No Charges in 2014 LA Police Shooting That Killed Unarmed Black Man

Ezell Ford Protests
Protestors carry signs during a demonstration by "Black Lives Matter" in Los Angeles, California August 11, 2015. In Los Angeles on Tuesday, a group of protesters from the movement disrupted a police commission meeting on the one-year anniversary of the shooting death of unarmed black man Ezell Ford, who was killed during a struggle with a police officer. REUTERS/Phil McCarten REUTERS/Phil McCarten

Two Los Angeles police officers who fatally shot an unarmed black man described by his lawyer as mentally challenged will face no criminal charges over the 2014 killing, the district attorney said on Tuesday, calling their actions "legally justified."

The killing of 25-year-old Ezell Ford was one of many shootings of unarmed black men by U.S. law enforcement that triggered national protests and fueled a renewed civil rights movement known as Black Lives Matter.

In a redacted report, Los Angeles County District Attorney Jackie Lacey said Officers Sharlton Wampler and Antonio Villegas spotted Ford leaving a "known gang area" on Aug. 11, 2014, and suspected he was trying to dispose of something illegal.

As Wampler tried to apprehend Ford, the two men scuffled and ended up on the ground with Ford reaching for the officer's gun, according to the report.

Villegas then shot Ford twice, the report said, while Wampler pulled out a backup weapon, reached around Ford's back, and also shot him.

"Although the loss of Mr. Ford's life is tragic, we believe the officers' actions were legally justified and the evidence supports our decision," Lacey said in a statement.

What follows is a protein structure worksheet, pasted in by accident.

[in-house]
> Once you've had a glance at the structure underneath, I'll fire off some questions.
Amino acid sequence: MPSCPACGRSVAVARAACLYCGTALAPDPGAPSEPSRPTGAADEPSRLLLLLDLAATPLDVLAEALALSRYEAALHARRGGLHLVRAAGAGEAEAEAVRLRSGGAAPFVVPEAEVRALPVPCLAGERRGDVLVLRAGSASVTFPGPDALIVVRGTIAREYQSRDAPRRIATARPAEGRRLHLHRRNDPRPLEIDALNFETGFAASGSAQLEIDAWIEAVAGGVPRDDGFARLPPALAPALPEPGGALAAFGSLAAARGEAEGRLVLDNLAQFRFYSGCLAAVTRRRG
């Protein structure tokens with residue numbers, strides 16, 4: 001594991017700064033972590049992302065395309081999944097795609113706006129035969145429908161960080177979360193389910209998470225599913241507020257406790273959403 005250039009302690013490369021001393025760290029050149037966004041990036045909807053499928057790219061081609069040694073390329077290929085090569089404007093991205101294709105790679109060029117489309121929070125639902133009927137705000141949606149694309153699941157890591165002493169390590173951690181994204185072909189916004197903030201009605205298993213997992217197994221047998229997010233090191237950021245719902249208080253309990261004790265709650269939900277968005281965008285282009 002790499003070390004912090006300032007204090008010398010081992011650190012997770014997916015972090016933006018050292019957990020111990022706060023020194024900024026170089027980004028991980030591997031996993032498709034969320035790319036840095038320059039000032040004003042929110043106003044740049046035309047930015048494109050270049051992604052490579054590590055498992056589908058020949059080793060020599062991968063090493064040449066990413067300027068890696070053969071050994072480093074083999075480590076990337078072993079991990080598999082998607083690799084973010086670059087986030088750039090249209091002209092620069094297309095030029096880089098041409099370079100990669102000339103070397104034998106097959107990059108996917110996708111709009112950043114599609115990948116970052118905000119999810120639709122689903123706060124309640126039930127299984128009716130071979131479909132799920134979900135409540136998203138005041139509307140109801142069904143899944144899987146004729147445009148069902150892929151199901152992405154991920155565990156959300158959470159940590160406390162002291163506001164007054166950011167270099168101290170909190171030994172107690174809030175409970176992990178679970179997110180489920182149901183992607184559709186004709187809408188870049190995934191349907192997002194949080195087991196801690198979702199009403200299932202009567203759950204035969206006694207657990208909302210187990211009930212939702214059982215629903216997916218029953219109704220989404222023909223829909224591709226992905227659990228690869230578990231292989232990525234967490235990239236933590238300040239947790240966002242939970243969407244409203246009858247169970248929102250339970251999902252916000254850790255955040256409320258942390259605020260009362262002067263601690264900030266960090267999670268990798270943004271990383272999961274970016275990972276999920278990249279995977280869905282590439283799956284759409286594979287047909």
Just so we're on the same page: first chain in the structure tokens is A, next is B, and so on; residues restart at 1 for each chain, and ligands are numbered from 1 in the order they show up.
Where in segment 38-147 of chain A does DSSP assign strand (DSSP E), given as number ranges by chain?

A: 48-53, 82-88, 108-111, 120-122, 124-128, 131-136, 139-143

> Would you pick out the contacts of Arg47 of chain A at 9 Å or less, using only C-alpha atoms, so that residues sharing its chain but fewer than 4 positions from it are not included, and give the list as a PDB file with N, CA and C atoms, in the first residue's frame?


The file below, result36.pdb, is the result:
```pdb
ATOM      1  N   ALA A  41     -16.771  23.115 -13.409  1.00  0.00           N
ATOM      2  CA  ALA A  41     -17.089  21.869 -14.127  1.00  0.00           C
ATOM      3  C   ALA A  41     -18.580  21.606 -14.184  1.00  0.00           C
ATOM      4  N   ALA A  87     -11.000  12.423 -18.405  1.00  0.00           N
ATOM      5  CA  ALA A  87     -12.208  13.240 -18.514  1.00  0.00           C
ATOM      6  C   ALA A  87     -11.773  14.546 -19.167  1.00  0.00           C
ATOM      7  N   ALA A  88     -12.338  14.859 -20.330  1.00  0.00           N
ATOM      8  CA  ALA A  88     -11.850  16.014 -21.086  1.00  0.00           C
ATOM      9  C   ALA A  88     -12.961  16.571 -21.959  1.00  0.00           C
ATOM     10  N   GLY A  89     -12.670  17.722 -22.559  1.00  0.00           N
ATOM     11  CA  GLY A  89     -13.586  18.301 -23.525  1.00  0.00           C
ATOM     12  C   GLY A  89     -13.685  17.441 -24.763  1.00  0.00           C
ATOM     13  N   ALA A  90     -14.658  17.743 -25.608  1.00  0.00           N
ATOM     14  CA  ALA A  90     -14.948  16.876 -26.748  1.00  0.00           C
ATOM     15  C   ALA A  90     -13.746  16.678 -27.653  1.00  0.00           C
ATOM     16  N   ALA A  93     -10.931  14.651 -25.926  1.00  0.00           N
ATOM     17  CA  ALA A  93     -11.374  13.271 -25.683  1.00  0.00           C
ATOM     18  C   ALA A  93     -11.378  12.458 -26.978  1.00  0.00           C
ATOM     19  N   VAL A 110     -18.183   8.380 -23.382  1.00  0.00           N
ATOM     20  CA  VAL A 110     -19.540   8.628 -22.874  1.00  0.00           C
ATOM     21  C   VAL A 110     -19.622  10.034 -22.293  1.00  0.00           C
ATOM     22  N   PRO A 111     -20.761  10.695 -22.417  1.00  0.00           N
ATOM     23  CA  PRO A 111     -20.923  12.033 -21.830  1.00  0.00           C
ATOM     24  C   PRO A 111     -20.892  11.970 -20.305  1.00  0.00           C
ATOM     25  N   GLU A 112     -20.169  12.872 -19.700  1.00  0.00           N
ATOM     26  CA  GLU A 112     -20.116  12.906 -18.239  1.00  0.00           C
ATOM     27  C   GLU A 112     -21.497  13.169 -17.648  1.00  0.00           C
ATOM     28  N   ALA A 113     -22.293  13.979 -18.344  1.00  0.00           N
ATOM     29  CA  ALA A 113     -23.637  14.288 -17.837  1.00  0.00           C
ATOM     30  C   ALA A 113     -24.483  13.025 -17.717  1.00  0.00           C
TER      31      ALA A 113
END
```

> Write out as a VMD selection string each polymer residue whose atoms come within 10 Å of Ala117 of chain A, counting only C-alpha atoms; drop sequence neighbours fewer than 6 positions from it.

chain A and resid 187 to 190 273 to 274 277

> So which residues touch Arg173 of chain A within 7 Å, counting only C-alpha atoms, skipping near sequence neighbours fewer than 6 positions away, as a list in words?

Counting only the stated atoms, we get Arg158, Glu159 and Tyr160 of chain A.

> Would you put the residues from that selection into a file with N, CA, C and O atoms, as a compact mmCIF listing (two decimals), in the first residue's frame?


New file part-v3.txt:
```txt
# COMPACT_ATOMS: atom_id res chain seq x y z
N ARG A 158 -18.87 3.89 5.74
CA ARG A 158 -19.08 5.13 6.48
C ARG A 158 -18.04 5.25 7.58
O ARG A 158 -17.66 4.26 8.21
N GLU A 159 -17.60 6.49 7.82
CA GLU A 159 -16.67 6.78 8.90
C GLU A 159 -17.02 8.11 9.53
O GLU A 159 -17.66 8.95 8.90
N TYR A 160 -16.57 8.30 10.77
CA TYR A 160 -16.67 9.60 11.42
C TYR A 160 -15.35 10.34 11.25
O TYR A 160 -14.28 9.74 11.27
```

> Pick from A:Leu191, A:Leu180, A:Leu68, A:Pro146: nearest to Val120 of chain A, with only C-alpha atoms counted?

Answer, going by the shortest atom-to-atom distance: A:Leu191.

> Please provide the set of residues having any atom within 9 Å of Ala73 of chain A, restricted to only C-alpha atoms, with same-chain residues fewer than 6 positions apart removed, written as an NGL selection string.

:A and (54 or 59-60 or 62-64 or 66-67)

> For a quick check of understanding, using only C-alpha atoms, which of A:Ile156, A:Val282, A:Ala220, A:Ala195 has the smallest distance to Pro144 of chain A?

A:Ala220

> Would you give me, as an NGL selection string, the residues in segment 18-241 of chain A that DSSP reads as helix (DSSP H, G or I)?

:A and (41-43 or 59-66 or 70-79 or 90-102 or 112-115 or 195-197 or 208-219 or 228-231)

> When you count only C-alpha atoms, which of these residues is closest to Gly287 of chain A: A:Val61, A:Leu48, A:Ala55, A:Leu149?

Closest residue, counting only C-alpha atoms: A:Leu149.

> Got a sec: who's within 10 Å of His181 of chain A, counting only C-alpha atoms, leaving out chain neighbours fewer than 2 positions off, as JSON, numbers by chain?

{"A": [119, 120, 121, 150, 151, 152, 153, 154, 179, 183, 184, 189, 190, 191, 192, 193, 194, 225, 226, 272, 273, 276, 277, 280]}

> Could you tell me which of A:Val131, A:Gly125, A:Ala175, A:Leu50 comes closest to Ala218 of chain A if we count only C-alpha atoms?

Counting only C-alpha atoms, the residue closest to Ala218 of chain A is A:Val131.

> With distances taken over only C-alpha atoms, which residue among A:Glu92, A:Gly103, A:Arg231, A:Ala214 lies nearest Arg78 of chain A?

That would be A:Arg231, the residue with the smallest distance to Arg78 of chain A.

The family's attorney, Steve Lerman, said that while Lacey's decision was expected, it was disappointing.

"It's politics as usual," said Lerman, who represented motorist Rodney King, who sued the Los Angeles Police Department after he was beaten by officers in 1991 in an attack that was filmed by a witness and broadcast around the world.

"It's very discouraging. Unless criminal penalties are imposed on officers who commit homicidal acts, then there is no justice for anybody, whether it's black, white, brown or other," the lawyer said in a phone interview.

Lerman, who said Ford suffered from schizophrenia and manic depression and had the "thinking pattern of a child," said he had been in settlement negotiations with the city over a $75 million lawsuit filed by Ford's family.

Lacey's decision not to file criminal charges came almost 20 months after the Los Angeles Police Commission ruled that Wampler violated several department policies in the killing. Villegas was cleared in the shooting.

Both officers were taken off street duties. That prompted the pair to sue the city last year, alleging the move was racially motivated. Villegas is Latino and Wampler is white.